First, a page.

Katrina, Noora, and I decided to take out first out of Dublin trip this past weekend which involved a cross-country bus ride to the very beautiful and majestic Cliffs of Moher. After very little sleep the night prior, we got up at 6am and trudged the 20 minutes to the city center to catch our bus. We had bought day trip tour tickets form a local touring company so our whole day was planned out from the time we set off at 7:30 until we arrived back in dublin 12 hours later. We headed west and our bus driver filled us in on random tidbits of information as we drove through the scenic countryside of Ireland. Our first pitstop was supposed to be in Limrick but due to ridiculous amounts of flooding that have occurred throughout the country recently, we were not able to stop there and instead stopped shortly after Limerick in the quaint area of Bunratty Castle.
Half an hour later we were back on the road headed towards the cliffs. We spent about two hours at the cliffs, roaming around the trails and just taking in the beautiful views of the Atlantic Ocean in all of it’s salty glory. We were lucky enough to pick the one day in the past 10 which has not involved rain so we ended up getting in some spectacular views despite some of the fog off enveloping the nearby Aran Islands.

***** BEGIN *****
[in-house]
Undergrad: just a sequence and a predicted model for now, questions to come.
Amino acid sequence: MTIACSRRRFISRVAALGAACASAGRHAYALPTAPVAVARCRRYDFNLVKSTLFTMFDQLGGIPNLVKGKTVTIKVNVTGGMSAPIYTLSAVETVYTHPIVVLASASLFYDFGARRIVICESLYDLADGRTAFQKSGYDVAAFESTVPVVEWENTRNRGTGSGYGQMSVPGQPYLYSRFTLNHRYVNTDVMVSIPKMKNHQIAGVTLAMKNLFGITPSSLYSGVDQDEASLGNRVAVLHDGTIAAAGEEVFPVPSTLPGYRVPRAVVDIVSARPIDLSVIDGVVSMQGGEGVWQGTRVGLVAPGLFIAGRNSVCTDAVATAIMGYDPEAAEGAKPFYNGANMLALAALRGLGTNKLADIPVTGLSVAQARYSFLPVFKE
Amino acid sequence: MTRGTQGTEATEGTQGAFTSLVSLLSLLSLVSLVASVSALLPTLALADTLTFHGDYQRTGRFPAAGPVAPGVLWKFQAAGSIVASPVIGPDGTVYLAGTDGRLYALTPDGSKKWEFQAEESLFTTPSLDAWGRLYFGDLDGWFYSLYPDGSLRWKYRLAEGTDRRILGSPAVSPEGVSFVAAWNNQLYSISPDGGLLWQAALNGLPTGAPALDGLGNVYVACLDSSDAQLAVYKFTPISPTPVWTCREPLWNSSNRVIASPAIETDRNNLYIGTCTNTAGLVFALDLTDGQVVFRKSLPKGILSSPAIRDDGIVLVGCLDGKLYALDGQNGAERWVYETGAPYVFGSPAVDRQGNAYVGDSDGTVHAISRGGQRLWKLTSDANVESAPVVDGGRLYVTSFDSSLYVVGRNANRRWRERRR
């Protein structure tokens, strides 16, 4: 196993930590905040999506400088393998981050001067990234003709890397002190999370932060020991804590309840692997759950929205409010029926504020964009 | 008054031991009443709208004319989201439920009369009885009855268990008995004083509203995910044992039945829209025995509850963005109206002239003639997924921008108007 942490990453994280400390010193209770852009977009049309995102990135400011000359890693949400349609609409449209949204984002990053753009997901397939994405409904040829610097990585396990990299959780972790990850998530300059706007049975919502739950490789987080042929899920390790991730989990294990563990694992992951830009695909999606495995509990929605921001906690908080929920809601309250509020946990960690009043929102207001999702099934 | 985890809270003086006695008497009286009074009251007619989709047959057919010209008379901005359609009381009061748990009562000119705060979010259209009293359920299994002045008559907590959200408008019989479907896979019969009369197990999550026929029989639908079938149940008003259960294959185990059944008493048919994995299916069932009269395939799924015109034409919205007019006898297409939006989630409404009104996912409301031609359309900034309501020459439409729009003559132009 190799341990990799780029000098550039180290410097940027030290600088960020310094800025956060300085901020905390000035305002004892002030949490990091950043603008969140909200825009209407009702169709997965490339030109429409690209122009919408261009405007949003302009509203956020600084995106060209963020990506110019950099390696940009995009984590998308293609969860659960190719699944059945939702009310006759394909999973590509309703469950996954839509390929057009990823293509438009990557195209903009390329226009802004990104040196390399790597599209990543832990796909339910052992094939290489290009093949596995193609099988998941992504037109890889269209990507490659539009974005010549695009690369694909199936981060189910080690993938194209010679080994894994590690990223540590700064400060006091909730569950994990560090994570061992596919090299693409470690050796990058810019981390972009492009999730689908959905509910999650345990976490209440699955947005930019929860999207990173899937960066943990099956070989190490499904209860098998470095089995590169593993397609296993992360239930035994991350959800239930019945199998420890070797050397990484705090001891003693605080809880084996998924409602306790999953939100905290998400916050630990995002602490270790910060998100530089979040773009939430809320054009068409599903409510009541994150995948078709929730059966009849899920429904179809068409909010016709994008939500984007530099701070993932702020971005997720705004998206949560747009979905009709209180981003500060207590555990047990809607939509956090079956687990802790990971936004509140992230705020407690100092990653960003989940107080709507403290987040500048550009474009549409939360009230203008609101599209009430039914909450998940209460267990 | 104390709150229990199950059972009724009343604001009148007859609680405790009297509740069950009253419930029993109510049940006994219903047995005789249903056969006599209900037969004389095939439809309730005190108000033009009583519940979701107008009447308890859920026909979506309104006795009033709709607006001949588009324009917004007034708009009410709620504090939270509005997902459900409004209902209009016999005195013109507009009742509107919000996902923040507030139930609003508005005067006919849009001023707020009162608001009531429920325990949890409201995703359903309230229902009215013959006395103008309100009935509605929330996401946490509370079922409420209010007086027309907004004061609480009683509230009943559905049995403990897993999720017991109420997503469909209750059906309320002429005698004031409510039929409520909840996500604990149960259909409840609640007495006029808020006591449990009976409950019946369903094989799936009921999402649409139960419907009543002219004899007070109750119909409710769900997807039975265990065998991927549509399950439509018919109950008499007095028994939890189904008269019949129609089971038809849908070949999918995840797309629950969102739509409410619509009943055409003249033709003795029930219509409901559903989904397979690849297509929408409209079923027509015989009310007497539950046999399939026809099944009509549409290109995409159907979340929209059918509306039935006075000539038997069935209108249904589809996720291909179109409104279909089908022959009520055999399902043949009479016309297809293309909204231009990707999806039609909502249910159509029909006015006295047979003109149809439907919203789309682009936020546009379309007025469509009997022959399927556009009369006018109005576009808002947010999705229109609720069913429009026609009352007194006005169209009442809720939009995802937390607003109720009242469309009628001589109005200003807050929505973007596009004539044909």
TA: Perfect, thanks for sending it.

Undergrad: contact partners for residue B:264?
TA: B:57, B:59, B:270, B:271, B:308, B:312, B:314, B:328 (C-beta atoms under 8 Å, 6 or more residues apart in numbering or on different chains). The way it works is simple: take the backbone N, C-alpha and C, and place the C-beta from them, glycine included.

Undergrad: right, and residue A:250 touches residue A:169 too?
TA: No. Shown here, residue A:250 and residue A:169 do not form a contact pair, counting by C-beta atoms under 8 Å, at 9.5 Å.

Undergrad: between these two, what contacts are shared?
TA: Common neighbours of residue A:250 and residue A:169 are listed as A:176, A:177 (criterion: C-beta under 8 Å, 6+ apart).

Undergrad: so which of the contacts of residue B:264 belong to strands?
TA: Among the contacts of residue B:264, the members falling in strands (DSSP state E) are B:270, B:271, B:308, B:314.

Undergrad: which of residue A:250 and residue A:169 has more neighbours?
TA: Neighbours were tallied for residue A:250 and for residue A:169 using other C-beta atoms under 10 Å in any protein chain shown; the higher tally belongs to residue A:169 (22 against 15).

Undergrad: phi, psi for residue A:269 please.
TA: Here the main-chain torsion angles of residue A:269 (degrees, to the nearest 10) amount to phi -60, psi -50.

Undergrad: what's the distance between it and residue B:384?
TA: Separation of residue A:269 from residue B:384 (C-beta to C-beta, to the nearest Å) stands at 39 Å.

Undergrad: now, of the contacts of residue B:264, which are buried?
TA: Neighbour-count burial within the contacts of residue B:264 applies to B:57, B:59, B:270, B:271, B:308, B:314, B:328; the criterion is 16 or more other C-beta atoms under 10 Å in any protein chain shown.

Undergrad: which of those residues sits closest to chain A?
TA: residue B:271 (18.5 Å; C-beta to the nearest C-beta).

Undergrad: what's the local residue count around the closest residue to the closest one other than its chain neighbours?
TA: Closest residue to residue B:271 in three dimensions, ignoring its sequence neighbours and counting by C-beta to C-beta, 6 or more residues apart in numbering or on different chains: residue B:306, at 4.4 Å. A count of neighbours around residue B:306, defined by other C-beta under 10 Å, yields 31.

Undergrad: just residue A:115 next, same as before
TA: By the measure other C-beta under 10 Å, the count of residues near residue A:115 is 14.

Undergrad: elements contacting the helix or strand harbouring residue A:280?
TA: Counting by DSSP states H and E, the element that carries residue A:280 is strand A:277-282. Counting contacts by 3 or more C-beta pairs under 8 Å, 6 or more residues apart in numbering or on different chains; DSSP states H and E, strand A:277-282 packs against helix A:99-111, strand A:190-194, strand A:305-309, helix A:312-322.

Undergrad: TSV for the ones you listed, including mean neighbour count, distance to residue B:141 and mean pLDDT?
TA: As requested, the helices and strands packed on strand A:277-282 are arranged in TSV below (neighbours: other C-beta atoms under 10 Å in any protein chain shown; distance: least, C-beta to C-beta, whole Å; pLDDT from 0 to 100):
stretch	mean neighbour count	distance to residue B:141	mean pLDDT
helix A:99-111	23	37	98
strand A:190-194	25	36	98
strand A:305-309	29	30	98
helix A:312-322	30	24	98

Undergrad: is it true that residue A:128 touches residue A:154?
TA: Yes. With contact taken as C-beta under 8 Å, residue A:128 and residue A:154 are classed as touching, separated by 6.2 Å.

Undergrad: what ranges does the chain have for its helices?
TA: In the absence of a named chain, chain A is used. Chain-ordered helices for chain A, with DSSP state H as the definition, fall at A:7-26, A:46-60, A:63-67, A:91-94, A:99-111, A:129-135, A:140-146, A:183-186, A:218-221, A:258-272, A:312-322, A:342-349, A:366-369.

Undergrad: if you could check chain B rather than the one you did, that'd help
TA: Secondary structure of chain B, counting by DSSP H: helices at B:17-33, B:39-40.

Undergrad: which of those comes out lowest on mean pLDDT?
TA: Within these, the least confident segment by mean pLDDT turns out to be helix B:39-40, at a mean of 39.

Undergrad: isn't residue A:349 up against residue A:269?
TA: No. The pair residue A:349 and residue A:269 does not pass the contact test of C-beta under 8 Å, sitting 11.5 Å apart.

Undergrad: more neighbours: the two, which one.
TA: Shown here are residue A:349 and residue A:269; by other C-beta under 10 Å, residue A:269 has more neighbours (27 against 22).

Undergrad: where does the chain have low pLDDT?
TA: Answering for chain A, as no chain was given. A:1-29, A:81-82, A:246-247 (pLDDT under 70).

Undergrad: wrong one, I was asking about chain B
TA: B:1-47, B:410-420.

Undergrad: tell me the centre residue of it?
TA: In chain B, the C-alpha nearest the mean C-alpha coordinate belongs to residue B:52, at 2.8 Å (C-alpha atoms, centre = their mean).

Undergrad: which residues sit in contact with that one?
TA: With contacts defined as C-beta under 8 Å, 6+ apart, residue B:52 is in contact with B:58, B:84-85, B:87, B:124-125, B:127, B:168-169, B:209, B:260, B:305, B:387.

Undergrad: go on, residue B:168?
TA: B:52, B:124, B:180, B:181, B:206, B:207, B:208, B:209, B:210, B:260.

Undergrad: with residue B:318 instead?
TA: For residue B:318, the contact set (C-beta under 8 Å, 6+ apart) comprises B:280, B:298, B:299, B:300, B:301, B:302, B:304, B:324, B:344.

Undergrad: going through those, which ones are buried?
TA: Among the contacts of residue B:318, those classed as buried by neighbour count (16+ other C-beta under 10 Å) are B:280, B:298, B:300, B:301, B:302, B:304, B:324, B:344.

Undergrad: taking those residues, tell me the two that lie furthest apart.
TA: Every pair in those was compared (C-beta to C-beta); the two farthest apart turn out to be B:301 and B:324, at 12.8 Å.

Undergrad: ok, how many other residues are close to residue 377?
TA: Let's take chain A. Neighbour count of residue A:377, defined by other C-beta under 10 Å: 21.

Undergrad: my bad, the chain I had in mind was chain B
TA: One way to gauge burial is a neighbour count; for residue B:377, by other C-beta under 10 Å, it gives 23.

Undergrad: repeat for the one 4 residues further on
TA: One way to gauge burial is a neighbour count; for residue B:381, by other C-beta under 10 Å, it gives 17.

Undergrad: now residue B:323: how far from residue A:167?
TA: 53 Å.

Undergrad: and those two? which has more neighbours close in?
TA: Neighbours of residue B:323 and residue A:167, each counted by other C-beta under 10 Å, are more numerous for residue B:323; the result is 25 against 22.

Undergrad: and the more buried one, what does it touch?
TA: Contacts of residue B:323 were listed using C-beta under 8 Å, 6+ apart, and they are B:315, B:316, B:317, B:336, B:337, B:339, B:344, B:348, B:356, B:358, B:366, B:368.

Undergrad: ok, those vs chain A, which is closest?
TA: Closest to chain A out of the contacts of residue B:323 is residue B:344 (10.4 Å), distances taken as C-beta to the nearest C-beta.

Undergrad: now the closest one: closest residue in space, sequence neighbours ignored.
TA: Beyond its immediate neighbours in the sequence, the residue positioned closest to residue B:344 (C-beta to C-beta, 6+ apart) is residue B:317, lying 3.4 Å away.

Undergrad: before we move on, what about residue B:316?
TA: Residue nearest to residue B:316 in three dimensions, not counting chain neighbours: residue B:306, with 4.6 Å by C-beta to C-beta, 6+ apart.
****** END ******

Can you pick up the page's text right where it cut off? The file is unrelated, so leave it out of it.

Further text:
After the cliffs, we drove about half an hour farther and stopped at the Doolin Cliffs which are much smaller but just as majestic. We followed up this second set of cliffs with a lunch at Fitzpatrick’s Pub which served an amazing seafood chowder.
The next stop on our tour was the Corcomroe Abbey which is a 12th century not too far from the coast. Shortly following the abbey, we stopped in the village of Kinvara for some Irish coffee [read: coffee with baileys and whiskey]. It was so amusing to me to be in an Irish village since the villages that I am used to from Romania are much more rural than what the western world considers a village. Around 4:30 pm we headed back on our way to Dublin to complete the journey. Paying 40 Euro for an almost 12 hour tour that included a lot of interesting information, various stops along the way, and a very friendly and knowledgable guide was a great deal in my book. Hopefully this rain subsides in the near future so more random day trips can be planned.
Noora and her mom
Fitzpatrick’s Pub in Doolin
Katrina and the wind